As CPS prepares to close a record number of schools, the fate of students and communities is in question.
$3 million grant to improve middle schools
The newly created Chicago Consortium for Teacher Development has received a four-year, $3.1 million grant to help 24 middle schools and middle-grade departments improve their curriculum so that students become more involved in learning.
The consortium includes the Illinois Writing Project, Chicago Arts Partnerships in Education, Algebra Project, Chicago Metro History Education Center, Small Schools Workshop, the Chicago Public Schools and National-Louis University's Center for City Schools.
The grant comes from the Dewitt Wallace-Reader's Digest Fund, which awarded identical grants to groups in Philadelphia and New York City. The Fund had requested proposals from 15 cities with at least 30,000 students and two professional development organizations. The Fund hopes the initiative will show that, with high-quality professional development, teachers can learn to teach in ways that engage students in critical thinking and problem solving.
The following schools will participate in the first two years of the program: Bright, Cesar Chavez, Field, Goodlow Magnet, Hope, Irving, Jenner, Manniere, Mozart, Niños Heroes, Pulaski, Waters and Whitney Young Magnet High School. Each school will work with the Small Schools Workshop and two other groups of its choice. An additional 12 schools will be selected to join the program in 1998. The program will be evaluated by the Stanford Center on the Context of Teaching.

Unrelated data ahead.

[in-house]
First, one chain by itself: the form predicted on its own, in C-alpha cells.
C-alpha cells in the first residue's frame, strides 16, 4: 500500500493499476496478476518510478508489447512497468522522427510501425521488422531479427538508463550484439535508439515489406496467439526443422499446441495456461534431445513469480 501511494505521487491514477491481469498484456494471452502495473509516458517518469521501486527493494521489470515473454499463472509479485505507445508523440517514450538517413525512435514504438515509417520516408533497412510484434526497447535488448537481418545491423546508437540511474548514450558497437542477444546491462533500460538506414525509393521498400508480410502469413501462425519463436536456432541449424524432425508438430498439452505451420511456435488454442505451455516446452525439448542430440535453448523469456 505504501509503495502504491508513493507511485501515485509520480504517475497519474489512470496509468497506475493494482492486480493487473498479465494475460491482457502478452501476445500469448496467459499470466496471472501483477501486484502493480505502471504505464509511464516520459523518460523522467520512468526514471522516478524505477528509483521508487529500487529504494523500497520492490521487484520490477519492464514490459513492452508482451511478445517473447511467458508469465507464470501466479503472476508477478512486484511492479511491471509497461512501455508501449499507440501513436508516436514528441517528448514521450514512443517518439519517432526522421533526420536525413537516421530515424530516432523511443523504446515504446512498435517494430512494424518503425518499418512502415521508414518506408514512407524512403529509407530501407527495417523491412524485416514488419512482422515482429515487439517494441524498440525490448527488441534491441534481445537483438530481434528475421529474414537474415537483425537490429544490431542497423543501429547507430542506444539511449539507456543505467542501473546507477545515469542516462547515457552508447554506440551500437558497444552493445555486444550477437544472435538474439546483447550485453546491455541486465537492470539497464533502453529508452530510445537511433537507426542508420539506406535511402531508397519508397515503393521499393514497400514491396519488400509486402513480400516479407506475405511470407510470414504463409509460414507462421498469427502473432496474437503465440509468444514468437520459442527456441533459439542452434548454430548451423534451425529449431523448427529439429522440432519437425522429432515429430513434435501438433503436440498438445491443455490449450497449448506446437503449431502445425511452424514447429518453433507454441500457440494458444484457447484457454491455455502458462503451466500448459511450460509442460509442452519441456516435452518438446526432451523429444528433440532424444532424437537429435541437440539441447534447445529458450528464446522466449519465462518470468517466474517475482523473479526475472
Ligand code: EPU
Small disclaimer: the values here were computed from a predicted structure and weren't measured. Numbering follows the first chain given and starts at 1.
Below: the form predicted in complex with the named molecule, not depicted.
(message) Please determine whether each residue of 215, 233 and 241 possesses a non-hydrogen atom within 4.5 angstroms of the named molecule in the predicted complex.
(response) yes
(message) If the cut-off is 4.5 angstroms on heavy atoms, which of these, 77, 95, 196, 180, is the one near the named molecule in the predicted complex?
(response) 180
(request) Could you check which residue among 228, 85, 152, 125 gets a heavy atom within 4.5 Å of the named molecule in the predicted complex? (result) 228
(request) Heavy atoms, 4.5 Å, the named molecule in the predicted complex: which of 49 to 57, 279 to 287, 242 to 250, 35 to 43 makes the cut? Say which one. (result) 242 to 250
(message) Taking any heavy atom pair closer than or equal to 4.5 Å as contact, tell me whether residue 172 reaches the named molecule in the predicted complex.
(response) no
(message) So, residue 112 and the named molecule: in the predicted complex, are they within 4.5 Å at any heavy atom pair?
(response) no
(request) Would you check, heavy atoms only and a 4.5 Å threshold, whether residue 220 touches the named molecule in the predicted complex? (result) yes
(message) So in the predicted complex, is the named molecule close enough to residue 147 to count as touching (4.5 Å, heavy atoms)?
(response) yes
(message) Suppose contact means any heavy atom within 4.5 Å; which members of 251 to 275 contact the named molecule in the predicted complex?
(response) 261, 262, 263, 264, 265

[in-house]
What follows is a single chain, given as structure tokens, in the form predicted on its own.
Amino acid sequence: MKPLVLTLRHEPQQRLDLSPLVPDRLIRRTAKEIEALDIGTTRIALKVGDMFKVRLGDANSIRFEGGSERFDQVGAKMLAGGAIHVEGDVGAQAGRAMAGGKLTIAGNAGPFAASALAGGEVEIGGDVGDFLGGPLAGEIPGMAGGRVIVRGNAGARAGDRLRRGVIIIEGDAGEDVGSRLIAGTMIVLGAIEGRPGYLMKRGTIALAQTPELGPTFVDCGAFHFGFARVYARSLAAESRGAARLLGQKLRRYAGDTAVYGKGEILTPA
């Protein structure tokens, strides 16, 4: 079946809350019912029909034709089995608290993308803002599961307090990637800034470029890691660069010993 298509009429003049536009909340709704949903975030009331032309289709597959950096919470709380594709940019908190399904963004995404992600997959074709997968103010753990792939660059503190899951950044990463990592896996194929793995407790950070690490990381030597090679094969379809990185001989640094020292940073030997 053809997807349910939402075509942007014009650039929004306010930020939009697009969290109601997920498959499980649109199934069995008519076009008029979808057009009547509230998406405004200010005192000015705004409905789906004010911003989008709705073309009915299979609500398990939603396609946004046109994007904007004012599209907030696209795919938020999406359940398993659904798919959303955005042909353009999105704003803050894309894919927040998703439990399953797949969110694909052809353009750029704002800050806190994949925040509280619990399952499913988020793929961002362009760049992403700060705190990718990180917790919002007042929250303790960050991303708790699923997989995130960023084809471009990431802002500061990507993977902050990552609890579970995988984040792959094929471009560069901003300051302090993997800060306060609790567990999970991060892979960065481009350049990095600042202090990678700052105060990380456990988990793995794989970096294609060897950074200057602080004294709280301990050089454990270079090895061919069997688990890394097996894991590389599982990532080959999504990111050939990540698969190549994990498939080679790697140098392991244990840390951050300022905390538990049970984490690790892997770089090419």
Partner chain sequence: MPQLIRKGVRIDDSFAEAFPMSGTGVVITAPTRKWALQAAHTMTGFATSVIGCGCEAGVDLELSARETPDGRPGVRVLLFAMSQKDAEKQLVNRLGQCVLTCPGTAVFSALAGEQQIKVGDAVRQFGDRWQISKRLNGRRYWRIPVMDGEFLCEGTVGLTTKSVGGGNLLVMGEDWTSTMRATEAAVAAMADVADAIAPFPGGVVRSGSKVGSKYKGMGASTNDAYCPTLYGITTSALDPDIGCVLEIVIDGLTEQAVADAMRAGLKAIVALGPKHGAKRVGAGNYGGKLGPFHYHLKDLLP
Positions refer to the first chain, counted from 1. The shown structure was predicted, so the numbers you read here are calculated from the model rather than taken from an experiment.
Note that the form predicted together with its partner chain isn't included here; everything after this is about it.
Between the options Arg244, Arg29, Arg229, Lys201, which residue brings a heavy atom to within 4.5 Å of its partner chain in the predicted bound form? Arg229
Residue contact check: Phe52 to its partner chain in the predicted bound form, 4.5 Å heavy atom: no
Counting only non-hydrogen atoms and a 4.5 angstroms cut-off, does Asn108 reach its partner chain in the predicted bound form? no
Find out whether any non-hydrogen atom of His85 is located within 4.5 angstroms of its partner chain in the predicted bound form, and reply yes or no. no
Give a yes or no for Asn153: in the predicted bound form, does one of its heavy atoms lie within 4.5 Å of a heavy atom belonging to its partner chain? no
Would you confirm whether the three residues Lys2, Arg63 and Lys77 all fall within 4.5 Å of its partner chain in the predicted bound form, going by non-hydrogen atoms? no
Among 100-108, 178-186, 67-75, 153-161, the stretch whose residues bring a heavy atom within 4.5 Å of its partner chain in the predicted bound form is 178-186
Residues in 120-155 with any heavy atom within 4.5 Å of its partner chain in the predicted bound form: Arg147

For more information, contact project director Gail Burnaford at (847) 256-5150, ext. 2342. FAX: (847) 256-7936. E-mail: gailebur@aol.
Cable program airs teen views on life, media
What began as a research project on how the media cover schools has become a cable TV pilot, Student Voices. A project of the Chicago Education Network (CENter), Student Voices features Chicago high schoolers discussing issues that are important to them: gangs, peer pressure and relationships with adults.
CENter staffers interviewed students from five schools as part of the project, funded by the John D. and Catherine T. MacArthur Foundation.
"What we found ... was that the message from the students was so compelling that we didn't want to put ourselves in a position of trying to retell their stories," says co-producer Chris Warden.
The first episode aired April 20 on cable Channel 19. In it, two Hyde Park Academy seniors discussed school, media and their lives.
A second episode, to air in late May, features students from Hyde Park, Schurz, Kelly and Mitchell discussing the media's portrayal of teens and schools. Says Dara Johnson of Schurz, "All they [the media] say is that there's drugs and gangs and gang fights all the time. But that's not what there is. ... They just look at the bad, they don't want to turn around and look at the good things we're doing." Students also discuss how they are affected by portrayals of teens in the media, and their suggestions for improving TV programming for and about teens.
For more information, contact Chris Warden at (312) 341-3868.
Literacy program nets $1 million to be national model
Project FLAME, a University of Illinois at Chicago program that teaches English literacy skills to Latino parents so they can help their children perform better academically, has won a $1 million grant to teach educators from around the country how to launch similar programs of their own.
The grant from the U.S. Department of Education will allow FLAME—which stands for Family Literacy: Aprendiendo (Learning), Mejorando (Improving), Educando (Educating)—to host workshops and training sessions. Another $212,000 will pay for a study in which researchers will follow 100 participating families and 80 non-participating families for two years. Also, Kraft Foods, Inc. recently gave FLAME another $50,000 grant for general operations.
In its six years, FLAME has served about 720 families and over 1,500 children in eight Chicago public schools. Developers say the children have made significant gains on standardized tests and need less tutoring and other support services. The program currently employs 30 parents as trainers.
For more information, contact Flora Rodriguez-Brown at (312) 996-3016 or Timothy Shanahan at (312) 413-1914.